The first thing that you need to know is that bank panics are inherently deflationary. They were in 1879; they were in 1837 and they were in 1929. Even if there is plenty of money on the national balance sheet, you get deflation when money gets hoarded.
Taking the money out of active circulation has the same effect as shrinking the money supply. This means that the central bank must aggressively add money to the system in times of panic.
It also means that it must aggressively take money out of the system in times of recovery. Under normal monetary policy it takes a long time for new money to work its way from the ‘printing press’ to final consumer purchases. But panics are different, since they deal with the circulation of money that is already out there in the economy, panics can cause very sudden deflation, and recoveries can cause very sudden inflation. The fed needs to be agile in order to deal with this.
- The Pros and Cons of Rate Cuts
- Farrell: Market in a Bottoming Process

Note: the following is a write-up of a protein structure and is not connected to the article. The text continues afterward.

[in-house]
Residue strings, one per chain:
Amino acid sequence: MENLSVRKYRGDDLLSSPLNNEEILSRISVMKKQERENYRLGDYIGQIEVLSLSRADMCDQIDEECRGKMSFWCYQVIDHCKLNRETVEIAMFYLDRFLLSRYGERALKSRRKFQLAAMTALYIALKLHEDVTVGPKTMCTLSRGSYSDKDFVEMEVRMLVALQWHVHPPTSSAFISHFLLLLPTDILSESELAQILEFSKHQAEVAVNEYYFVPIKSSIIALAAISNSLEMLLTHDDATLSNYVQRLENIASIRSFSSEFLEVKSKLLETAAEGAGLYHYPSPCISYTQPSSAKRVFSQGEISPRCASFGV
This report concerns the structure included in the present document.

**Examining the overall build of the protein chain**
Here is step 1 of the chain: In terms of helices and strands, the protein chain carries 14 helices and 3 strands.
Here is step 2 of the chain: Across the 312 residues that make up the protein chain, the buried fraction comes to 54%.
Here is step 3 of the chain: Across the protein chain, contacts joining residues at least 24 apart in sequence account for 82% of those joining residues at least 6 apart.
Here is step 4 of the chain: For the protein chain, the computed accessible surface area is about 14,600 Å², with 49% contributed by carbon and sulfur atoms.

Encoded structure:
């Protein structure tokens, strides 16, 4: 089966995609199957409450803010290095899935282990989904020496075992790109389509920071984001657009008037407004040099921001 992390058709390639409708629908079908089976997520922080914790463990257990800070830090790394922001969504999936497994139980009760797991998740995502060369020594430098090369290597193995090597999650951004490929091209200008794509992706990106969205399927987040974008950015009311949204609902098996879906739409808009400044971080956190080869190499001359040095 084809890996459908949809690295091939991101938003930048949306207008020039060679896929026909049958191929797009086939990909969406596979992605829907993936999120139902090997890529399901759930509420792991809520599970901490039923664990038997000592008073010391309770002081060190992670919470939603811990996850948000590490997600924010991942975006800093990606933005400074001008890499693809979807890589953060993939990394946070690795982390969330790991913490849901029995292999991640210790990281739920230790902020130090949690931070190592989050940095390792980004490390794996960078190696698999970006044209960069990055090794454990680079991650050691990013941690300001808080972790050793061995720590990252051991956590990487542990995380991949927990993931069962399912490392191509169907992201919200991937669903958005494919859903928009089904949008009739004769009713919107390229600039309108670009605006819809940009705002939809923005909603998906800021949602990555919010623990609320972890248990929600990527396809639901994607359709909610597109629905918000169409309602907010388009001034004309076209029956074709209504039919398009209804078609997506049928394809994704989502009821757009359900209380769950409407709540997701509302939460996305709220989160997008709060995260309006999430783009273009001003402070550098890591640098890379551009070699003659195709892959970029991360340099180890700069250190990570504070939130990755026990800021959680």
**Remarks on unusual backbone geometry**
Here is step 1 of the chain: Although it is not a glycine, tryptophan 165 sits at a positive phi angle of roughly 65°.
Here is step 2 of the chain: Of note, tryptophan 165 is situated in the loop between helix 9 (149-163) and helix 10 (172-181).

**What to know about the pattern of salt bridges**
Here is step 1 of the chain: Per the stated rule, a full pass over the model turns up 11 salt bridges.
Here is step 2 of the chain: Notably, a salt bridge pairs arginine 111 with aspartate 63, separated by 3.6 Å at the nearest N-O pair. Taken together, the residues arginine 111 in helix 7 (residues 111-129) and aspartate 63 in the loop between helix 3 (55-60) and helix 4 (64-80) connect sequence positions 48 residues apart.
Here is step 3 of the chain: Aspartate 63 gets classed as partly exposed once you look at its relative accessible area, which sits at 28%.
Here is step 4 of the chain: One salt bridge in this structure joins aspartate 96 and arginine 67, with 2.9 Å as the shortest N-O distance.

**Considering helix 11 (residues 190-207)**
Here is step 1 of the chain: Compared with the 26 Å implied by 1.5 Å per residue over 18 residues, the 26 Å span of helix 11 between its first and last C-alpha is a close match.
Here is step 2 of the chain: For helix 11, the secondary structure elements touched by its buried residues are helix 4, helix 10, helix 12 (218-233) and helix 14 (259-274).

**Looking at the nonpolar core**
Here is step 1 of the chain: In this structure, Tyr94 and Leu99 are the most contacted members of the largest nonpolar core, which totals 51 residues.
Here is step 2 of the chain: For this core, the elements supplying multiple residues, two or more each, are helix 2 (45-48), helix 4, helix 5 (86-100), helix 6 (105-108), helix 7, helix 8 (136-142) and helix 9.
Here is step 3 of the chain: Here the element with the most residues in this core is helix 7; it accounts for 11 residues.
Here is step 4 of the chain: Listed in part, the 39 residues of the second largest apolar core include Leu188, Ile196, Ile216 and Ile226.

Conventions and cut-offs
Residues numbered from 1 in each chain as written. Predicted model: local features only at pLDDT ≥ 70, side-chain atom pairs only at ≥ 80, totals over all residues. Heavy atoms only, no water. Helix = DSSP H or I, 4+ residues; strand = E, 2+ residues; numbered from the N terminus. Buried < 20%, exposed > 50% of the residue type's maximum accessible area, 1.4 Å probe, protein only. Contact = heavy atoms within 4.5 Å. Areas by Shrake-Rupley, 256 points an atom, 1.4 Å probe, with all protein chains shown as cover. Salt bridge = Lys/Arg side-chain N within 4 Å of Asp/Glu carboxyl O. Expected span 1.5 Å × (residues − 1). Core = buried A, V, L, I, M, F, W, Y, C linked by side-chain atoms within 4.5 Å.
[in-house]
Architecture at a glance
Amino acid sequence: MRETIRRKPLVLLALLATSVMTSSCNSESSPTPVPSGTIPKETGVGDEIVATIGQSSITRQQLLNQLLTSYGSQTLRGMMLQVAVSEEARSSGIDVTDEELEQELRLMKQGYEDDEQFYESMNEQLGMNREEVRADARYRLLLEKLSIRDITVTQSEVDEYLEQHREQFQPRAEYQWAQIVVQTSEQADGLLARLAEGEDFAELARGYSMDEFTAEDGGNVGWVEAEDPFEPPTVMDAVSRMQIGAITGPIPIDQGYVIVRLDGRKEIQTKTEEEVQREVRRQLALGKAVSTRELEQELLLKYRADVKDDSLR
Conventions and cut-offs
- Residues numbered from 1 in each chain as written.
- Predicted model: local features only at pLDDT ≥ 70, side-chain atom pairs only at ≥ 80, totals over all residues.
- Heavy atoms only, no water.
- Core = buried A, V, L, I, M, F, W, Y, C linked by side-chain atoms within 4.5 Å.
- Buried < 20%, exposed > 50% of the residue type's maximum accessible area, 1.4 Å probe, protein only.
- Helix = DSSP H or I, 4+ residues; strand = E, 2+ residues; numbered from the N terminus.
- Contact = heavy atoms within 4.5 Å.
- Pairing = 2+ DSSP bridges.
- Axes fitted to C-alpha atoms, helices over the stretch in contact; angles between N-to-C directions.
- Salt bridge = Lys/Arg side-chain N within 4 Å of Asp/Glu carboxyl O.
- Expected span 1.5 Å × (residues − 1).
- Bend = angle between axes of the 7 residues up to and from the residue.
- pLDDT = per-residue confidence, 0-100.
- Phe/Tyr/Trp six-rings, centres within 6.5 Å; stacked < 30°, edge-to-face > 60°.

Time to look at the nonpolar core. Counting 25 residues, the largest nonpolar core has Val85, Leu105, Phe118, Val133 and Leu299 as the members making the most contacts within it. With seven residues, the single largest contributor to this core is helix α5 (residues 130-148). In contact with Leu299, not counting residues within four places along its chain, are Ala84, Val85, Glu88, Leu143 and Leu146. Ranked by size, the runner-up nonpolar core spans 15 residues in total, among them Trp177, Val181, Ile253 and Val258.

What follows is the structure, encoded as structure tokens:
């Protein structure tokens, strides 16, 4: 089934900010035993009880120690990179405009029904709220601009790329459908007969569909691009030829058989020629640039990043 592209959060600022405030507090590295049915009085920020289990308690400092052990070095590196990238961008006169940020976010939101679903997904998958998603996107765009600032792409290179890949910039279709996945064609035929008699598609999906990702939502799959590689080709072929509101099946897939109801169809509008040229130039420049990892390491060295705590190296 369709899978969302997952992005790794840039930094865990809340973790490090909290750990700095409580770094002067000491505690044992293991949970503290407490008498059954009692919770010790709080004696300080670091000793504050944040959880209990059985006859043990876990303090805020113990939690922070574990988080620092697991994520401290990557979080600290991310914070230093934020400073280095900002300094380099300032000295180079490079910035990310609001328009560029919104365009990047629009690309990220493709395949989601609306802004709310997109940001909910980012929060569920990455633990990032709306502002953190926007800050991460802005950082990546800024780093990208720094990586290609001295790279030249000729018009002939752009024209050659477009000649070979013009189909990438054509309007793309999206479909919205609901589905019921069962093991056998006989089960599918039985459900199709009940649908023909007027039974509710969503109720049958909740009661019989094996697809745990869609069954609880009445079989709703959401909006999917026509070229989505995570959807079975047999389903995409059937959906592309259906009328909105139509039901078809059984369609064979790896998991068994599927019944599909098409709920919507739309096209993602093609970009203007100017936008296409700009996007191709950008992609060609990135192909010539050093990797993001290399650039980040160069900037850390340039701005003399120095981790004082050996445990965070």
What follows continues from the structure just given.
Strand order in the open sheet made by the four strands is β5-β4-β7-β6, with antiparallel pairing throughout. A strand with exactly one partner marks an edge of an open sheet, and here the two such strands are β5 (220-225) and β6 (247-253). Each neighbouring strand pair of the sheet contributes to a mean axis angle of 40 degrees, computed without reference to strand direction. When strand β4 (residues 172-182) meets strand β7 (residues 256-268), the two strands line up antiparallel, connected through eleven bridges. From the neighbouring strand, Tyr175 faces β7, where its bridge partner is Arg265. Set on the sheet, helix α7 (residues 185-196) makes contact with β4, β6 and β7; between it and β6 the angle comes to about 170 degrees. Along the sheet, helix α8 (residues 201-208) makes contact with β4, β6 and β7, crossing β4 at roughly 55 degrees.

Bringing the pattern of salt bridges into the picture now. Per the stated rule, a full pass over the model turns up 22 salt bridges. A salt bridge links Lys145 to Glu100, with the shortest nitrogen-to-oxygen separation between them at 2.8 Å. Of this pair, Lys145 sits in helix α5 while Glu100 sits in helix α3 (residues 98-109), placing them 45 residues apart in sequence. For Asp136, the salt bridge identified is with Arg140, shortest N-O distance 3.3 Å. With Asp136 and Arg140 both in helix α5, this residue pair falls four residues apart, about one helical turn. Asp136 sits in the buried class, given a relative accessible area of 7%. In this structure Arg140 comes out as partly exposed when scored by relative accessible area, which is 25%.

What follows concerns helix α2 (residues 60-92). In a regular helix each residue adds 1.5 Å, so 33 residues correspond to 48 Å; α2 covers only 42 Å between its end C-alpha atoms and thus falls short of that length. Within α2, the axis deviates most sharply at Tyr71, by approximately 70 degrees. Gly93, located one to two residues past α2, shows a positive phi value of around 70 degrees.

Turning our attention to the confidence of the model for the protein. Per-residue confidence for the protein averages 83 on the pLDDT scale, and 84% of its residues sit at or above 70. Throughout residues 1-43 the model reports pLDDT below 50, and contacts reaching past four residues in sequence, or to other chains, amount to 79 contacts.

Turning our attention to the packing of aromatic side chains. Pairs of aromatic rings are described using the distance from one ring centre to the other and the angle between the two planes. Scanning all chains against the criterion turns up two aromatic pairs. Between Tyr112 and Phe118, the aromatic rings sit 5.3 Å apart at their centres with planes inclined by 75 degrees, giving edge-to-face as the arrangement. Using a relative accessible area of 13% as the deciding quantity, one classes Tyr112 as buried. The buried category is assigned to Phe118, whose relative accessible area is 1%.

- Wall Street in Crisis: Special Report
- Risk and You: What You Need to Know
- Complete Earnings Coverage
The Fed has not been particularly agile. Today’s rate cut was late and small. Really, the cut was not actually a cut at all. Bernanke had already been pumping enough money into the system to lower the rate at least to 1.5%. What changed today is that it was made official. We didn’t get more money today – we got an announcement of what had already been happening. Will it be enough? No.
It does show the markets however, that the Fed has the direction right. That’s a big step which may help markets in the short run. But like so many other Bernanke moves will there be a follow-up on the promising start? Don’t count on it.